In the first cases of their kind in Parker County under a new state law, charges against men accused of trafficking K2 in Parker County are moving forward.
Thursday, a Parker County grand jury indicted a business owner and clerk on first degree felony charges of possession of a controlled substance, more than 4 grams, less than 400 grams, with intent to deliver.
The Parker County District Attorney’s office also filed civil seizure cases in court last week seeking property and a large amount of cash found during the synthetic cannabinoid investigation.
Francisco Dinesh Uduwarage Don, 41, owner of Tobacco N More in the 3000 block of Ranger Highway in Parker County, was indicted on two felony charges.
Sanka Dilhara Welihinda, 27, a clerk at the business, was indicted on one charge.
Weatherford-Parker County Special Crimes Unit investigators executed a search warrant at the business on Aug. 31, finding nearly 890 packages of synthetic cannabinoids in the business, cash and financial records.
Both men told investigators they knew the products were illegal to sell and kept the K2 hidden within the store, selling it only to trusted, known customers, according to the Parker County sheriff’s office.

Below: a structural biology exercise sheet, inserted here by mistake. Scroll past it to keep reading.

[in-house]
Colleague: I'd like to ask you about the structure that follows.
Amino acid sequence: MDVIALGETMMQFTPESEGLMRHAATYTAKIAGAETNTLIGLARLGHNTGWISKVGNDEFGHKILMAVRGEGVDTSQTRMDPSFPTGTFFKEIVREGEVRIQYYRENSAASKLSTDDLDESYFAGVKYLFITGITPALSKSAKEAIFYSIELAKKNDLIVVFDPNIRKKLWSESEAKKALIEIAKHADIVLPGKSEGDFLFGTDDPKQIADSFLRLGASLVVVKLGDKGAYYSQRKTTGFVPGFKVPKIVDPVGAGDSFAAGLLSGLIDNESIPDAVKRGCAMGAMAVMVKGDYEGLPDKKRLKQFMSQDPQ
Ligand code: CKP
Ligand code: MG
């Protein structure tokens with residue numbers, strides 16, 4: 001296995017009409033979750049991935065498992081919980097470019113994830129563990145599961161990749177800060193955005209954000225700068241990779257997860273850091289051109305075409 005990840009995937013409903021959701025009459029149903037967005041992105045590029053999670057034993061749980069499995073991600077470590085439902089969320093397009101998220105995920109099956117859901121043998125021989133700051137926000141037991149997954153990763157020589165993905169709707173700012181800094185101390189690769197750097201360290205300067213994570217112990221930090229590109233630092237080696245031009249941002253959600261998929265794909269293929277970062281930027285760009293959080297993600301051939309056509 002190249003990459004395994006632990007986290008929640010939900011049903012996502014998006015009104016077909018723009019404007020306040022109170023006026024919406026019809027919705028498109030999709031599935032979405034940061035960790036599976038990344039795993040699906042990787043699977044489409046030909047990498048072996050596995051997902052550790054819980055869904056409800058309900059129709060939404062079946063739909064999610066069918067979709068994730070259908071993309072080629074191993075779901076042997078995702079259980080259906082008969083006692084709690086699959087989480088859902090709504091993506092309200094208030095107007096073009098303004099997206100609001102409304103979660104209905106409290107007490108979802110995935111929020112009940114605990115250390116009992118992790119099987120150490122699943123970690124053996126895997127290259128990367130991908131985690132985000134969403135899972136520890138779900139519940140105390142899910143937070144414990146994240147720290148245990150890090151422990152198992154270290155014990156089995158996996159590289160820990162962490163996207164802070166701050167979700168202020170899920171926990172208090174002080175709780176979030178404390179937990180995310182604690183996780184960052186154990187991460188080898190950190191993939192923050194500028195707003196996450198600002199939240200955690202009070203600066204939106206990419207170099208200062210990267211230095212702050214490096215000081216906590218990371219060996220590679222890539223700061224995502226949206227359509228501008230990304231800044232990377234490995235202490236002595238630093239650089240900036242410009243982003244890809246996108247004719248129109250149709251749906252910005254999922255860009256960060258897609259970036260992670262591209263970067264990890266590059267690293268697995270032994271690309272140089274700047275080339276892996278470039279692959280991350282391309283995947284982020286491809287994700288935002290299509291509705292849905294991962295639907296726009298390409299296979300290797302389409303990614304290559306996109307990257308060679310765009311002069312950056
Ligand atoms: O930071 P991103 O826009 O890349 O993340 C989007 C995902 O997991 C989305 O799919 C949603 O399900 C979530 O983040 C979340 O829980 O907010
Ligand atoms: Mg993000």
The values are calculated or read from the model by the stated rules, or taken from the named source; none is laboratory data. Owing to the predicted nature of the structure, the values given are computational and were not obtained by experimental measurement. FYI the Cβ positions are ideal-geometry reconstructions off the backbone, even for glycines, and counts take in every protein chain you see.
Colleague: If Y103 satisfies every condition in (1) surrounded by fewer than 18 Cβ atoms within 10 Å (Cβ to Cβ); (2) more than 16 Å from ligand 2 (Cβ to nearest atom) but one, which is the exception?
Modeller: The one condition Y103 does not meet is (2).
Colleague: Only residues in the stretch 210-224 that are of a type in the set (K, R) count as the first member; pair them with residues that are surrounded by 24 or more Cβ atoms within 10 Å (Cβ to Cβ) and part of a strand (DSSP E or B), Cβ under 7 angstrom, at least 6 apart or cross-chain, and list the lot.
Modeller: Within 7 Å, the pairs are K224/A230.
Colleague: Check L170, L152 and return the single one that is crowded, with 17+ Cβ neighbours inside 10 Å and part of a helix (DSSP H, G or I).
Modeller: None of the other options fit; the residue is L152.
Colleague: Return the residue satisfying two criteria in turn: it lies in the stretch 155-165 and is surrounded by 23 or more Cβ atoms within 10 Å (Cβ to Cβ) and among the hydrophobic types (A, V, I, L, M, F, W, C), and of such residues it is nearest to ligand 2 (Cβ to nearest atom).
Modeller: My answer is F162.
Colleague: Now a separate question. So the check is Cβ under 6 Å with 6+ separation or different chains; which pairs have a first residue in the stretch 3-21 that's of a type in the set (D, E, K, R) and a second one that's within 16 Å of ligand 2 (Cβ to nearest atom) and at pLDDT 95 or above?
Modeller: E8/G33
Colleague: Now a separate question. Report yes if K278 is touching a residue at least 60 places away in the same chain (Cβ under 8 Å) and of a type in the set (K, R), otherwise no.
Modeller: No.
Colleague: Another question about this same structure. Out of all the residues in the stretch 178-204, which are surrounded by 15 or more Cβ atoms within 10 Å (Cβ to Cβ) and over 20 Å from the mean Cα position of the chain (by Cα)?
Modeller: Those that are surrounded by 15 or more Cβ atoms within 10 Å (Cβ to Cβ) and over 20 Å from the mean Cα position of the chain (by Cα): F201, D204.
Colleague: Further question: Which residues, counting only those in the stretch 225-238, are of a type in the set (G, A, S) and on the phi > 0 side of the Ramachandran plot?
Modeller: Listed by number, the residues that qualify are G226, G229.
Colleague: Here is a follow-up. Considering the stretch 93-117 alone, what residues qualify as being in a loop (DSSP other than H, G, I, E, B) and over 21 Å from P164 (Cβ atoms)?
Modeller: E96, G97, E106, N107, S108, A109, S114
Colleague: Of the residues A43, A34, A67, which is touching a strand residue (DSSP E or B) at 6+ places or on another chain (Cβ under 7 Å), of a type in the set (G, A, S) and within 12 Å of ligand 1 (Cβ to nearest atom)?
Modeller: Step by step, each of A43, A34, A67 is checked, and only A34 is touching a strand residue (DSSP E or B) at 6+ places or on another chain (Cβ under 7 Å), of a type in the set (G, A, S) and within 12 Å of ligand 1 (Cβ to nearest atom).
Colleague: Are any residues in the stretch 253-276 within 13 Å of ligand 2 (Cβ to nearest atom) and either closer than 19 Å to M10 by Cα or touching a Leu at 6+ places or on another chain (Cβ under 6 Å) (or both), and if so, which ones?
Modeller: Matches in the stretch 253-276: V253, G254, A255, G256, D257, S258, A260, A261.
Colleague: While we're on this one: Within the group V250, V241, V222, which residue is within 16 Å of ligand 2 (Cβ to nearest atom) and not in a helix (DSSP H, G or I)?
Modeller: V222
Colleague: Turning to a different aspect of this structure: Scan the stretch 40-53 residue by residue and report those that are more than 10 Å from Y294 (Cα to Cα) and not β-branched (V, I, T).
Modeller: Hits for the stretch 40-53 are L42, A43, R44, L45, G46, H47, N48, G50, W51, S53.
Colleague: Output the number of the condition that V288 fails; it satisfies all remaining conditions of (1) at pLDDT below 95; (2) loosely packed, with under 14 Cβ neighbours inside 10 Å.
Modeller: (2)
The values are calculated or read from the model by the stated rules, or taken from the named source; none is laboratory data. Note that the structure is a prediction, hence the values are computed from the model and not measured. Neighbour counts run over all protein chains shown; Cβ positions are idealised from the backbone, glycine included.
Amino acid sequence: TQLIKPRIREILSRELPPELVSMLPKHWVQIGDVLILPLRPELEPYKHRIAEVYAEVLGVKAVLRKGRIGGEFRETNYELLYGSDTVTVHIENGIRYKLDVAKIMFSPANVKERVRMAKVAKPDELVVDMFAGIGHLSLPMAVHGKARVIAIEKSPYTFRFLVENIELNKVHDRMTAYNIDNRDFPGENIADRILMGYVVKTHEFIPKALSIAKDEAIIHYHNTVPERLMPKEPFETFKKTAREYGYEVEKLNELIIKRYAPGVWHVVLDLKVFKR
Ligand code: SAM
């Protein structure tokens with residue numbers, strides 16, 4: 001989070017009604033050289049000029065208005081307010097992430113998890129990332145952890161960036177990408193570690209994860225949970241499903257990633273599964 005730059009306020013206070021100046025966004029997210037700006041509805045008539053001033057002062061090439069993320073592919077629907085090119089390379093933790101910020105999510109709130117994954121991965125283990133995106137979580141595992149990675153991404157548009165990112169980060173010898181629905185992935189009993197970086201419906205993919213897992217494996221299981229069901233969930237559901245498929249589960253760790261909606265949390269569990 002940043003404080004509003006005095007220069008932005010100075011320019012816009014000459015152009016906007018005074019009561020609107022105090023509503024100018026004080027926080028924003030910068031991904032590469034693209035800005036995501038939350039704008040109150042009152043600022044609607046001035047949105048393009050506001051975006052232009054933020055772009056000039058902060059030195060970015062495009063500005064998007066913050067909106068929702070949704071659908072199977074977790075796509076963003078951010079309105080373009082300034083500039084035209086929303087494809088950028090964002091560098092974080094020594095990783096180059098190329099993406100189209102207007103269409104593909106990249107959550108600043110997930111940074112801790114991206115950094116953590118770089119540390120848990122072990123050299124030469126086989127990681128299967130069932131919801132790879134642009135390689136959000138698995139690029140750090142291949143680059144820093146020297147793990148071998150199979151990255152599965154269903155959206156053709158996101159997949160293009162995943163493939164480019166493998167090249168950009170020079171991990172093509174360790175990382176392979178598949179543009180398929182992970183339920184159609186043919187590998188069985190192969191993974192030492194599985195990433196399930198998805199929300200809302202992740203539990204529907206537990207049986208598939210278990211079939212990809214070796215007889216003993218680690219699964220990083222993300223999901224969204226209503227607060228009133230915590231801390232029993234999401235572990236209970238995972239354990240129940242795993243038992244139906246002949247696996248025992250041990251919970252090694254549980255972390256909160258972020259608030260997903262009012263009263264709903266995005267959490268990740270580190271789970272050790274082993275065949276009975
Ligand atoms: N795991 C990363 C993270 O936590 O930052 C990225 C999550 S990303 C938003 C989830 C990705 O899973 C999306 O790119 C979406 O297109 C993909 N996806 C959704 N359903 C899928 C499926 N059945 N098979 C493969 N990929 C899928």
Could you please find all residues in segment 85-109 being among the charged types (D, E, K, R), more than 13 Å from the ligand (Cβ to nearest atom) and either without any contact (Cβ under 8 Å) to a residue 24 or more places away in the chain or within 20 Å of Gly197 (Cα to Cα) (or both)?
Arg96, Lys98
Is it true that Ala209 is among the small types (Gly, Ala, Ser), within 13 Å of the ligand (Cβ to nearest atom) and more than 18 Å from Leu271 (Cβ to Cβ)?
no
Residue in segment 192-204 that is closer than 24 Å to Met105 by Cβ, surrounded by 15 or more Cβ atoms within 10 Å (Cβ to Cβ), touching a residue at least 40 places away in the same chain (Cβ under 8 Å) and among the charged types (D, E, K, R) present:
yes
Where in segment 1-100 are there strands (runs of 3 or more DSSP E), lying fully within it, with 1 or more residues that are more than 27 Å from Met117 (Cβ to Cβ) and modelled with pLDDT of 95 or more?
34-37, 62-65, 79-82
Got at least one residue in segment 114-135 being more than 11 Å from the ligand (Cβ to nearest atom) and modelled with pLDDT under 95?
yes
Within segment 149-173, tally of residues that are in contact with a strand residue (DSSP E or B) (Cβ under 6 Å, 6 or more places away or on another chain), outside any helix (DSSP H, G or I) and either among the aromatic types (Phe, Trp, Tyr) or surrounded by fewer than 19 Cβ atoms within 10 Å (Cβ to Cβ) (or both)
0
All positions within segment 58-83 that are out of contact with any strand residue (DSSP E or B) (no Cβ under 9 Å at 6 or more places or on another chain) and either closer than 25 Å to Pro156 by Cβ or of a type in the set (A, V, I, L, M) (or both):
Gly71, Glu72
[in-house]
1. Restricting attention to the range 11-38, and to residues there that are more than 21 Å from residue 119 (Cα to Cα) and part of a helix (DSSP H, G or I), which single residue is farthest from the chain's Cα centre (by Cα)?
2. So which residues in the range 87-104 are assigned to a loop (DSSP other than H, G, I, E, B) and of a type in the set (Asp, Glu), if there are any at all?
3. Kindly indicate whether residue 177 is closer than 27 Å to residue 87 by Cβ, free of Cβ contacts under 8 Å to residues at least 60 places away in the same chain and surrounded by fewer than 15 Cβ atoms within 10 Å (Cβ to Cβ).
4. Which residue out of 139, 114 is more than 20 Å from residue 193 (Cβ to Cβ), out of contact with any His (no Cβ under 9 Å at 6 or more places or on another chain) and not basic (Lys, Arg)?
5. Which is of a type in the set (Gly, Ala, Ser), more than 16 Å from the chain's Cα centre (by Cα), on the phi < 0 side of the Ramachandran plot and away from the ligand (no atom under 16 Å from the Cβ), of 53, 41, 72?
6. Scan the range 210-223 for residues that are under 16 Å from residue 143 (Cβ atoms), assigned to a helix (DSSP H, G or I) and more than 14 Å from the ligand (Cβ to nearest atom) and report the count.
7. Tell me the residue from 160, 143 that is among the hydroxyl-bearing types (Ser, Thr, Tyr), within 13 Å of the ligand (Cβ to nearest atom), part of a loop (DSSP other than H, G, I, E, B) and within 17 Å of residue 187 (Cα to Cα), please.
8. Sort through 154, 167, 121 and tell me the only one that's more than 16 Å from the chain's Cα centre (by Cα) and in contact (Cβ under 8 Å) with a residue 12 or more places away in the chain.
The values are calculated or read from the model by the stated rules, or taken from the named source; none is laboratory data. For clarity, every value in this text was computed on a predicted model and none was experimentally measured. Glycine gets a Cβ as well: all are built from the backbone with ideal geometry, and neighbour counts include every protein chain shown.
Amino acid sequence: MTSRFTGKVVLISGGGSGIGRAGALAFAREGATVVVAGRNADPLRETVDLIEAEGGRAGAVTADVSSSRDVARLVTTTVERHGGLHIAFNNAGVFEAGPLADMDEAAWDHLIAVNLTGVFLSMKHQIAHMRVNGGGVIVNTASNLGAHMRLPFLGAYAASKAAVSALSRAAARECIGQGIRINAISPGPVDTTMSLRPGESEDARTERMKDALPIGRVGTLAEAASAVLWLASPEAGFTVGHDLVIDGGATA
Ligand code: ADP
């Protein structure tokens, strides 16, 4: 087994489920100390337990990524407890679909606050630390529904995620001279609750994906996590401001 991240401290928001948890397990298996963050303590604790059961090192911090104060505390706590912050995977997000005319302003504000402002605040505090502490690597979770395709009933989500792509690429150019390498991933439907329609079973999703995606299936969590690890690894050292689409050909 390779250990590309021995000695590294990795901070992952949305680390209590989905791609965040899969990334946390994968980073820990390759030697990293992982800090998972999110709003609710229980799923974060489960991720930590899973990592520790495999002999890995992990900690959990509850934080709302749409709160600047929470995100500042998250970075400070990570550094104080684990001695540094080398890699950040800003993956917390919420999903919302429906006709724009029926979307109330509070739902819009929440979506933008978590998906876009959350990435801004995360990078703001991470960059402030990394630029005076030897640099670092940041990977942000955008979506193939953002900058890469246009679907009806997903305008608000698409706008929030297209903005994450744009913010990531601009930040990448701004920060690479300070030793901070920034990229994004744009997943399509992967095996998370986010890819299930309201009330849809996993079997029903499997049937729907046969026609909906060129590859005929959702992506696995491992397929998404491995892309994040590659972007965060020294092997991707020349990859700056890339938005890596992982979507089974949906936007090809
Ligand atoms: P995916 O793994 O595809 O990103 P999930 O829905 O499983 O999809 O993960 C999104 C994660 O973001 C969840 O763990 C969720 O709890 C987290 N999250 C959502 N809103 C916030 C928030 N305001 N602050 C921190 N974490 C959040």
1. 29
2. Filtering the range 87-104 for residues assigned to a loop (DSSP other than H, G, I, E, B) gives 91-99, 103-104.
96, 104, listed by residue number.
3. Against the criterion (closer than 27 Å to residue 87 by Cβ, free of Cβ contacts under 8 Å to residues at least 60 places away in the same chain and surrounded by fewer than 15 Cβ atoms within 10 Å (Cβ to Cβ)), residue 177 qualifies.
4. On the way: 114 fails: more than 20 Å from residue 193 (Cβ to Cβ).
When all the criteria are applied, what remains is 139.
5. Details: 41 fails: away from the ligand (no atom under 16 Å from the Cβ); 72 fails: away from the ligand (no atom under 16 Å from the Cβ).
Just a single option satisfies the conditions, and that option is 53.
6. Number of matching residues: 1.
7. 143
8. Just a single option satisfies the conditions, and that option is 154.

“From the records which were seized, we can accurately state the suspects were making a daily average profit of $3,100,” SCU Commander, sheriff’s Lt. Mike Camp said. “At least 95 percent of those sales were directly from K2.”
Uduwarage, who has owned the store since January, was arrested again within hours of bonding out of jail on Sept. 4, accused of possessing additional quantities of K2 located in a storage facility.
The trials of testing
Several factors have slowed enforcement of the law since it took affect more than a year ago, according to investigators and prosecutors.
From some manufacturers altering the chemical makeup of products to escape the law to lack of field test kits to DPS testing backlogs, investigators have faced several hurdles in making a case in a timely fashion.